Will convergence trump best of breed devices for eBooks?

James Kendrick mentioned there was an update last night to the iPhone/iPod Touch version of eReader to version 2.0. Sure enough, there it was in the update apps section. Here’s a rundown of the new features from James.

  • color themes (day and night time, I find this very useful reading for reading in the dark)
  • Book cover art
  • user defined book categories
  • indicator to let you know what books are already on your device
  • percentage read indicator in the bookshelf
  • additional fonts
  • margin options
  • line spacing options
  • larger tap targets for links
  • auto-scroll  (I love this feature a lot)

There’s some pretty nice stuff in there, and I actually like the day/night themes depending on where and when I’m reading. The real question I’m pondering is the role of dedicated eBook readers like the Kindle relative to reading on devices such as the iPhone. No doubt, the Kindle is the better experience. The Kindle’s resolution is much closer to paper than the iPhone’s and a probably a good deal better than any screen you’re reading this on. On the other hand, devices have come a long ways since eReader used to be called Peanut Press and the device of choice to read was a Palm VX. eReader on the iPhone delivers a good deal of the Kindle experience. There’s a good selection of content (not great, but good and they’ve finally added Tom Clancy, of the last holdouts against eBooks). There’s the ability to download and purchase content directly, with no PC required. The screen’s not as high quality but there’s no annoying eInk page refresh and the small size of the device makes it much easier to hold and use one handed. In short, it’s not a perfect experience, but then neither is the Kindle.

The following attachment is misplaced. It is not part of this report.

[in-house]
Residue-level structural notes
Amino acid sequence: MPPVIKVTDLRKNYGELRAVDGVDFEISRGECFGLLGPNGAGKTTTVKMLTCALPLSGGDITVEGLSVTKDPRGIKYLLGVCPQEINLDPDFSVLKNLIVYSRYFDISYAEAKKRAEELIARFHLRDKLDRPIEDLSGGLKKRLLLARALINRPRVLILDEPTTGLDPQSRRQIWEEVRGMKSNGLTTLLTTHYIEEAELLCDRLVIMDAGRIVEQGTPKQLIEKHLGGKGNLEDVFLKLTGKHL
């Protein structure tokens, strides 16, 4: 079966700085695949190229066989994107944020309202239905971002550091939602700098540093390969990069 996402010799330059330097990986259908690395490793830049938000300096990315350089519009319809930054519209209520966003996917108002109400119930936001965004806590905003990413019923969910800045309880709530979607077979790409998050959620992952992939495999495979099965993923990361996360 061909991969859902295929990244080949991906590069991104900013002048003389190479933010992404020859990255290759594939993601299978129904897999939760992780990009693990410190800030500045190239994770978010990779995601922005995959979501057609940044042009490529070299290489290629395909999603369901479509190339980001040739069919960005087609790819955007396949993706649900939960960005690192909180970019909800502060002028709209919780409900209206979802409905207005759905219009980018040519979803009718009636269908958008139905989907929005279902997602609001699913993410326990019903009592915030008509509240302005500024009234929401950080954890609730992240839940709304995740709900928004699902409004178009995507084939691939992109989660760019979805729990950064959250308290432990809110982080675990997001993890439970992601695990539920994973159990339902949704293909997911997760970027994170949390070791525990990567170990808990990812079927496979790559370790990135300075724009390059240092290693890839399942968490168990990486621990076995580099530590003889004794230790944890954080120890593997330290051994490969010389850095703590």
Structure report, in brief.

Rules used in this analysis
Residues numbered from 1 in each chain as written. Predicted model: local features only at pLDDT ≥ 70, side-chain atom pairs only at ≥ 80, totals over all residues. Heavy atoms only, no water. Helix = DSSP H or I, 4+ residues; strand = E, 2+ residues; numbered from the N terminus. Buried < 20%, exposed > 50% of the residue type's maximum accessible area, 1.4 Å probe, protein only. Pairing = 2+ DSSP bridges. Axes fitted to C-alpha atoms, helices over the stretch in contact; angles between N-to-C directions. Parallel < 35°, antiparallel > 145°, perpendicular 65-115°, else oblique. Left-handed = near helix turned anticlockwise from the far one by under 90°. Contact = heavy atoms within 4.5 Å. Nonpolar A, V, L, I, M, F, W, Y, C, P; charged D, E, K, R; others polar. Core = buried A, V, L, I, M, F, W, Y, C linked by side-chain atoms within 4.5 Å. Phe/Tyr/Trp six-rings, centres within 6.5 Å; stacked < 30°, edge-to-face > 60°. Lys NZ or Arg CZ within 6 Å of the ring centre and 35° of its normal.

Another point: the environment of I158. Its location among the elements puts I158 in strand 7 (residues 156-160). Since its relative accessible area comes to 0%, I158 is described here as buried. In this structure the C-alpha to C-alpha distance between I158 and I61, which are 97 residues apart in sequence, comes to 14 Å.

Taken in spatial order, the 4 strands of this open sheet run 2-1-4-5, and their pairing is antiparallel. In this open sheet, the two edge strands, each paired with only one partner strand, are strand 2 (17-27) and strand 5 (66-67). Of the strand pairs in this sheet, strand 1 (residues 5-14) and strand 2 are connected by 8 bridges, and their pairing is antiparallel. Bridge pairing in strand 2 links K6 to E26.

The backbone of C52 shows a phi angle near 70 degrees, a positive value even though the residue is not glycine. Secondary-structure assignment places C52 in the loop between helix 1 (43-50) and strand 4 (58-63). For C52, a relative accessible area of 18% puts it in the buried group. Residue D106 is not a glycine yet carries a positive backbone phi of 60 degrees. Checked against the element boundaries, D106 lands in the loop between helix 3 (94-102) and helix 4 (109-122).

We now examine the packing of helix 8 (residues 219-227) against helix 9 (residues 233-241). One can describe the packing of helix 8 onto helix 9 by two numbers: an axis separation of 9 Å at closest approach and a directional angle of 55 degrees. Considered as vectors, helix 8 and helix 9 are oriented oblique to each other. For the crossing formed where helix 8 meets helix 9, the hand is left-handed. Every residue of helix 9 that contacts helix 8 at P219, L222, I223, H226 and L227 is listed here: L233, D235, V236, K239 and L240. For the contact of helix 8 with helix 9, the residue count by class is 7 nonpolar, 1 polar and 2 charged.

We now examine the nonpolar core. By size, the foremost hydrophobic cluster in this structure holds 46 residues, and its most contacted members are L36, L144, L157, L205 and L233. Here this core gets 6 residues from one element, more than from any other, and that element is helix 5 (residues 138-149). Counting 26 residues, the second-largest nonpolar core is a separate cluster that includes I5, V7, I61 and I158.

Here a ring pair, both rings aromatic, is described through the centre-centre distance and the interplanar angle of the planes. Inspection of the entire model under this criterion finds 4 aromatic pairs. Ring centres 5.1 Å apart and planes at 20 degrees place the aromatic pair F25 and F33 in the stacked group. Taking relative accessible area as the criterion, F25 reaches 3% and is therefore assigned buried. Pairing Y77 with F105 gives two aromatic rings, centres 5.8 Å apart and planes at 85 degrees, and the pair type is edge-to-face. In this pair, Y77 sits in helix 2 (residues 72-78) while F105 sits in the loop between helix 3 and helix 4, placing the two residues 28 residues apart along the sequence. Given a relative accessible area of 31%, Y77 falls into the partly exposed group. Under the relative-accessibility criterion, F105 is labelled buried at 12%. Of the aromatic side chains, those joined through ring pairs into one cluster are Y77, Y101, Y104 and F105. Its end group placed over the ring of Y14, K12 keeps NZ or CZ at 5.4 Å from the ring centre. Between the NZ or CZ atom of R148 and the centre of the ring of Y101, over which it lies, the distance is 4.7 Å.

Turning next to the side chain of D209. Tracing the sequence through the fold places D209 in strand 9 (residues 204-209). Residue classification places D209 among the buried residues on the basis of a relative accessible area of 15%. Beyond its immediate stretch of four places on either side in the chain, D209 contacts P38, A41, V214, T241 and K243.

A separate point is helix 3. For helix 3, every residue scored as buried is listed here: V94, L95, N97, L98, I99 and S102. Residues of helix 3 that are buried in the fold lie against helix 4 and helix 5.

I do believe there’s a market for dedicated devices. Cameras have not been displaced by music phones, media players have not been displaced by music phones and the Kindle will still serve a market of bibliophiles, especially those that travel a lot. The potential that apps like eReader have are to tap into the more casual market, allowing users to leverage the investment in screens they already have. That’s one reason why I think it’s important for Amazon to get the Kindle platform onto as many devices with screens as possible.

So what do you think? Is there a market for dedicated eBook readers or is this one area where convergence will trump best of breed functionality?

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